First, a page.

What Do Philosophers Believe?

Academics of all stripes enjoy conducting informal polls of their peers to gauge the popularity of different stances on controversial issues. But the philosophers — and in particular, David Bourget & David Chalmers — have decided to be more systematic about it. (Maybe they have more controversial issues to discuss?)

They targeted 1,972 philosophy faculty members at 99 different institutions, and received results from 931 of them. Most of the universities were in English-speaking countries, and the others were chosen for strength in analytic philosophy, so the survey has an acknowledged bias toward analytic/Anglocentric philosophy. They asked for simple forced-response answers (no essay questions!) concerning 30 different topics, from belief in God to normative ethics to the nature of time. The answers are pretty intriguing.

Results below the fold. Note that atheism easily trumps theism, and compatibilism is the leading approach to free will (although not by a huge amount). Only about half of the recipients identify as naturalists, which is smaller than I would have thought (and smaller than the percentage of “physicalists” when it comes to the mind, which is surprising to me). When they dig into details, there is a strong correlation between theism and whether a person specializes in philosophy of religion, predictably enough. Among philosophers who don’t specifically specialize in religion, the percentage of atheists is pretty overwhelming.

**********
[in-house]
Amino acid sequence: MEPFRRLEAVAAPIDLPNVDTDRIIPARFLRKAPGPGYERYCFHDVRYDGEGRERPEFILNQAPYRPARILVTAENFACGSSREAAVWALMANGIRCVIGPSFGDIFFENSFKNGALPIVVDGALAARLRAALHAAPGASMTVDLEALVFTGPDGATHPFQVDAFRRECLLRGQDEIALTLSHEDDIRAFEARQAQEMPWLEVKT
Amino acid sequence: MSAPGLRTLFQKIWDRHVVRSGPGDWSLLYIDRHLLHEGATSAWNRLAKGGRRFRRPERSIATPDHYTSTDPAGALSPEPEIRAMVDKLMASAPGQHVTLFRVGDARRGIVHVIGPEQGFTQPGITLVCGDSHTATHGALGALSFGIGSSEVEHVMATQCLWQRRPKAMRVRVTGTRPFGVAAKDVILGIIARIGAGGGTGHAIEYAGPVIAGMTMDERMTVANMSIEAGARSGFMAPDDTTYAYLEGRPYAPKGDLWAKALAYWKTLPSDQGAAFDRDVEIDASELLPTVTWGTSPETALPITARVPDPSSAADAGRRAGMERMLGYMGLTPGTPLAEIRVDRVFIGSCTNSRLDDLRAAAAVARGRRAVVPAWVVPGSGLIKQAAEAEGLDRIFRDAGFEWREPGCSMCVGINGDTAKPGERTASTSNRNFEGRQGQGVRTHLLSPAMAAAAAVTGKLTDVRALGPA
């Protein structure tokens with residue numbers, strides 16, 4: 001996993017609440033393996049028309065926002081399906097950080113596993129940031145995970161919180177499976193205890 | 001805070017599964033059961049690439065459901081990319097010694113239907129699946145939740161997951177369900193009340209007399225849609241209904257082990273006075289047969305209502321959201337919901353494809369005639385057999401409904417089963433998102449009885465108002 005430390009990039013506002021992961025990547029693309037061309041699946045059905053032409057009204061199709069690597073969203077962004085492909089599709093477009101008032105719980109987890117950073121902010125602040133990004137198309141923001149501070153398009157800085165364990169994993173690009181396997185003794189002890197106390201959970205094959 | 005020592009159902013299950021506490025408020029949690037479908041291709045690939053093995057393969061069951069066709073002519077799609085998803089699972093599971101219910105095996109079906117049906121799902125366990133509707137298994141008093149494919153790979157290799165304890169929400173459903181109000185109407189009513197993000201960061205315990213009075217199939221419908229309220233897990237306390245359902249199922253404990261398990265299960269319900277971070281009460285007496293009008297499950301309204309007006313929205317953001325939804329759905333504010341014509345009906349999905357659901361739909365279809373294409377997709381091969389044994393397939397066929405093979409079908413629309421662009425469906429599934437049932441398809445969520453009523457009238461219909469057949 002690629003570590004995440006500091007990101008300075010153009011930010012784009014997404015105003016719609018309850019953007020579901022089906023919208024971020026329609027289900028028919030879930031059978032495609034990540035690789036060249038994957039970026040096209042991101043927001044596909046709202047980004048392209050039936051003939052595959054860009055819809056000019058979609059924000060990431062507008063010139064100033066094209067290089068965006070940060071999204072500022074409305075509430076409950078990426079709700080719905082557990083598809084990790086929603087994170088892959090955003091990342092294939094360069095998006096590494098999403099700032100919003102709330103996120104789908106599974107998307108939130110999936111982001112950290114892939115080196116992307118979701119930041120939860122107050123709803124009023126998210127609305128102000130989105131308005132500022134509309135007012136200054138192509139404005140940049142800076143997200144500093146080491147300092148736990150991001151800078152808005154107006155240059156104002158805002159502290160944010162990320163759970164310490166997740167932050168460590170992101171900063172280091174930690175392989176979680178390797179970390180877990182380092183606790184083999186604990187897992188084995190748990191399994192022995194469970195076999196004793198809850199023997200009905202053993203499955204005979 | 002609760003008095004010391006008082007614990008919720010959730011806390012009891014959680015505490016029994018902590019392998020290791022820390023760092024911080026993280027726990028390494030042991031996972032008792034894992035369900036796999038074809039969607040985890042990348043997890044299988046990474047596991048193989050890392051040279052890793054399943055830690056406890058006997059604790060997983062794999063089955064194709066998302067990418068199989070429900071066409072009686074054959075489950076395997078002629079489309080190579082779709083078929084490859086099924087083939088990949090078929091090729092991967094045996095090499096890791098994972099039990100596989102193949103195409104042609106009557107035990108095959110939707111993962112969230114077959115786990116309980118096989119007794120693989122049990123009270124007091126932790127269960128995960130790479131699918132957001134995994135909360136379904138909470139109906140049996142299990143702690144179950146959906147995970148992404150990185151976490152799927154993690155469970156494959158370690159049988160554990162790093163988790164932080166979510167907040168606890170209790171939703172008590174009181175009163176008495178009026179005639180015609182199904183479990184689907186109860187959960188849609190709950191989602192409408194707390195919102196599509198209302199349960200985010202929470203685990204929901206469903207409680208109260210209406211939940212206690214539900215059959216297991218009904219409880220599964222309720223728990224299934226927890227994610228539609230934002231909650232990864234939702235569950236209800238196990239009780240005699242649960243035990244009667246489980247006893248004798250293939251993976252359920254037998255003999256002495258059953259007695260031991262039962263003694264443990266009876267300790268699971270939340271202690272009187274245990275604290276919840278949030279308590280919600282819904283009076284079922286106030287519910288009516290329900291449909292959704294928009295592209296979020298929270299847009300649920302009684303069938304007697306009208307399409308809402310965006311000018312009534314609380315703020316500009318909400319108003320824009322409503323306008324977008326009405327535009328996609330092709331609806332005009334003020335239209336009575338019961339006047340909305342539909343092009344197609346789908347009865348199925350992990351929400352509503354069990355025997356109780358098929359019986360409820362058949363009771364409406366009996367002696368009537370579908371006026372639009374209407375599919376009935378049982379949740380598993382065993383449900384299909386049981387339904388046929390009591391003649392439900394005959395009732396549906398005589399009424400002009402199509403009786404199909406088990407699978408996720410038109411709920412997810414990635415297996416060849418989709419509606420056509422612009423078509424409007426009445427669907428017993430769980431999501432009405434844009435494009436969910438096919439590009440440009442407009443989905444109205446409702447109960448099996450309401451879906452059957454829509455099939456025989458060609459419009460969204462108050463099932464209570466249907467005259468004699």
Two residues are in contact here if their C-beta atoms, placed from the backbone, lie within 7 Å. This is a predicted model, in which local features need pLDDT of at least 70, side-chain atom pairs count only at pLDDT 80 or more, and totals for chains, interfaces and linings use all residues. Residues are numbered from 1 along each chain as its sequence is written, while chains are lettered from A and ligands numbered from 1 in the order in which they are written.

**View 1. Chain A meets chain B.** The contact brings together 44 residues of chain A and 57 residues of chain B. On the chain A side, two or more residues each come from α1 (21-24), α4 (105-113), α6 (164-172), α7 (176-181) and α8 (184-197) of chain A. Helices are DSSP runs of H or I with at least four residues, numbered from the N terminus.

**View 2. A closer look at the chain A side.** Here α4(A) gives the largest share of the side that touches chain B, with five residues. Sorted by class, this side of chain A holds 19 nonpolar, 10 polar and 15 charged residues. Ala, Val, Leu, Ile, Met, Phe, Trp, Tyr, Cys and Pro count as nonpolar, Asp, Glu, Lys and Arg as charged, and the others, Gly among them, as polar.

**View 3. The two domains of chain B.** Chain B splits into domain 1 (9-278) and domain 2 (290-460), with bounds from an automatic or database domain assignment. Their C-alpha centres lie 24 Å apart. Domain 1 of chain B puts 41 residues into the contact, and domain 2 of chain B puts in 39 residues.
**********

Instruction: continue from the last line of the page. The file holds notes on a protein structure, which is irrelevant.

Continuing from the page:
1. A priori knowledge: yes 71.1%; no 18.4%; other 10.5%.
2. Abstract objects: Platonism 39.3%; nominalism 37.7%; other 23.0%.
3. Aesthetic value: objective 41.0%; subjective 34.5%; other 24.5%.
4. Analytic-synthetic distinction: yes 64.9%; no 27.1%; other 8.1%.
5. Epistemic justification: externalism 42.7%; internalism 26.4%; other 30.8%.
6. External world: non-skeptical realism 81.6%; skepticism 4.8%; idealism 4.3%; other 9.2%.
7. Free will: compatibilism 59.1%; libertarianism 13.7%; no free will 12.2%; other 14.9%.
8. God: atheism 72.8%; theism 14.6%; other 12.6%.
9. Knowledge claims: contextualism 40.1%; invariantism 31.1%; relativism 2.9%; other 25.9%.
10. Knowledge: empiricism 35.0%; rationalism 27.8%; other 37.2%.
11. Laws of nature: non-Humean 57.1%; Humean 24.7%; other 18.2%.
12. Logic: classical 51.6%; non-classical 15.4%; other 33.1%.
13. Mental content: externalism 51.1%; internalism 20.0%; other 28.9%.
14. Meta-ethics: moral realism 56.4%; moral anti-realism 27.7%; other 15.9%.
15. Metaphilosophy: naturalism 49.8%; non-naturalism 25.9%; other 24.3%.
16. Mind: physicalism 56.5%; non-physicalism 27.1%; other 16.4%.
17. Moral judgment: cognitivism 65.7%; non-cognitivism 17.0%; other 17.3%.
18. Moral motivation: internalism 34.9%; externalism 29.8%; other 35.3%.
19. Newcomb’s problem: two boxes 31.4%; one box 21.3%; other 47.4%.
20. Normative ethics: deontology 25.9%; consequentialism 23.6%; virtue ethics 18.2%; other 32.3%.
21. Perceptual experience: representationalism 31.5%; qualia theory 12.2%; disjunctivism 11.0%; sense-datum theory 3.1%; other 42.2%.